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New York

Ben Shahn (American, b. Lithuania, 1898-1969)

New York, 1947

  • Tempera on paper mounted on canvas and panel
  • 36 x 48 in. (91.4 x 121.9 cm)
  • The Jewish Museum, New York
  • Purchase: Oscar and Regina Gruss Charitable and Educational Foundation Fund, 1996-23
  • Art © Estate of Ben Shahn/Licensed by VAGA, New York, NY

Not on view

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New York

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New York

CLOSE LOOKING / VISUAL ANALYSIS:

Encourage students to examine this painting carefully:

  • What are some of the images you see in this painting? Describe the way in which Shahn has combined these images.

  • Does anything surprise you about the composition? Why might an artist combine elements in the way that Shahn has?
    [Shahn’s imagery, composition, and flattened forms suggest a collage of memories. Also note the distorted scale: figures and objects are out of proportion with regard to one another.]

  • How does Shahn use line, color, and shape to connect the different parts of the painting? What shapes and patterns are repeated?
    [The fish and the boy mirror each other; the large forms of the man and the scale similarly balance each other. The horizontal lines of the street, the fish, and the boy help tie the image together, as do the circles of the scale and the man’s hat. These elements give the image coherence despite the collage-like combination of disparate elements.]

  • The tempera paints Shahn used to paint this picture allowed him to achieve a translucent effect in certain areas. How does this contribute to the effect of the painting?
    [It adds to the dreamlike quality of the images.]




FOR FURTHER DISCUSSION:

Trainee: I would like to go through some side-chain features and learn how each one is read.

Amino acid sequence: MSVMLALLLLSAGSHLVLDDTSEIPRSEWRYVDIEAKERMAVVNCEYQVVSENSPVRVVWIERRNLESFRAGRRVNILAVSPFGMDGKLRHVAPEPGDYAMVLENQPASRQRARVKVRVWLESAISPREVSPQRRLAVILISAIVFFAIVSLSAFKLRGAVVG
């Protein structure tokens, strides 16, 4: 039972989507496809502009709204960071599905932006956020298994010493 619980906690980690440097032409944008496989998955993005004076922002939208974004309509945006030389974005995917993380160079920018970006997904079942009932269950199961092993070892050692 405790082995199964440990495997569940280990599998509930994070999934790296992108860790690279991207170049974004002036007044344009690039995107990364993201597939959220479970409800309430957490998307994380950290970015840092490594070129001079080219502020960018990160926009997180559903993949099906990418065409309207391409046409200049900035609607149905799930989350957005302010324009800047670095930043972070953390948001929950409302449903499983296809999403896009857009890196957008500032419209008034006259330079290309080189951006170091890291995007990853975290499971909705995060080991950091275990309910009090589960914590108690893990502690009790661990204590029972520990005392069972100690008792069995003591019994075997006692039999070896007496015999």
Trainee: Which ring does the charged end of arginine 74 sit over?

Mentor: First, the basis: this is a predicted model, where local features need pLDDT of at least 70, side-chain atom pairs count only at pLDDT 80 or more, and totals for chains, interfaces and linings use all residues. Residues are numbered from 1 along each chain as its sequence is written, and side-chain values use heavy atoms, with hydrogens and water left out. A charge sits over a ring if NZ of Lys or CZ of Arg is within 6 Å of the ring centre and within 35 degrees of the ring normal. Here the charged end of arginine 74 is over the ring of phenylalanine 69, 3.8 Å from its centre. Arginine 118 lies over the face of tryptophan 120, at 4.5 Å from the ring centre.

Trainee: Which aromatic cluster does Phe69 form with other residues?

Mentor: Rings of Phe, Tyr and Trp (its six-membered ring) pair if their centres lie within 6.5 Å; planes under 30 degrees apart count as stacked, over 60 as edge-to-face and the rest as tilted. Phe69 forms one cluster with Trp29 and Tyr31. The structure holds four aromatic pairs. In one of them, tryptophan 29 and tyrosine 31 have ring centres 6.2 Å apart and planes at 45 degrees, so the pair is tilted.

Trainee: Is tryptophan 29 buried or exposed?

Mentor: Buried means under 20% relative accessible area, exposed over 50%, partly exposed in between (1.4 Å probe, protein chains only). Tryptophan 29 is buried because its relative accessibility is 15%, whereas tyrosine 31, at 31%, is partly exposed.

After giving students an opportunity to examine this painting, explain that it was inspired by the artist’s memories of his own childhood and by photographs he took of the Lower East Side. Lead students in a discussion of related topics and themes:

  • What aspects of the neighborhood does Shahn include in this painting? What would you include in a picture of your neighborhood?

  • In what ways can the composition be considered a visual metaphor for memory? [The pastiche or collage-like quality of the composition may be interpreted as a visual metaphor for the piecemeal, fragmentary, fleeting qualities of memories.]

Discuss this quotation by the artist Ben Shahn:

    For imagination is images, traces of experience, the residue of impacts made upon us by all sorts of forces both from outside and inside ourselves. It is such images retained, and the power to re-invoke them, the power to re-group them and out of them to create new images according to our uses and intentions.

What do you think this statement means? How does it relate to the painting?



RESEARCH TOPICS / CONTENT CONNECTIONS:

  • American Jewish History
  • Memoirs / Personal Narratives
  • Neighborhood Studies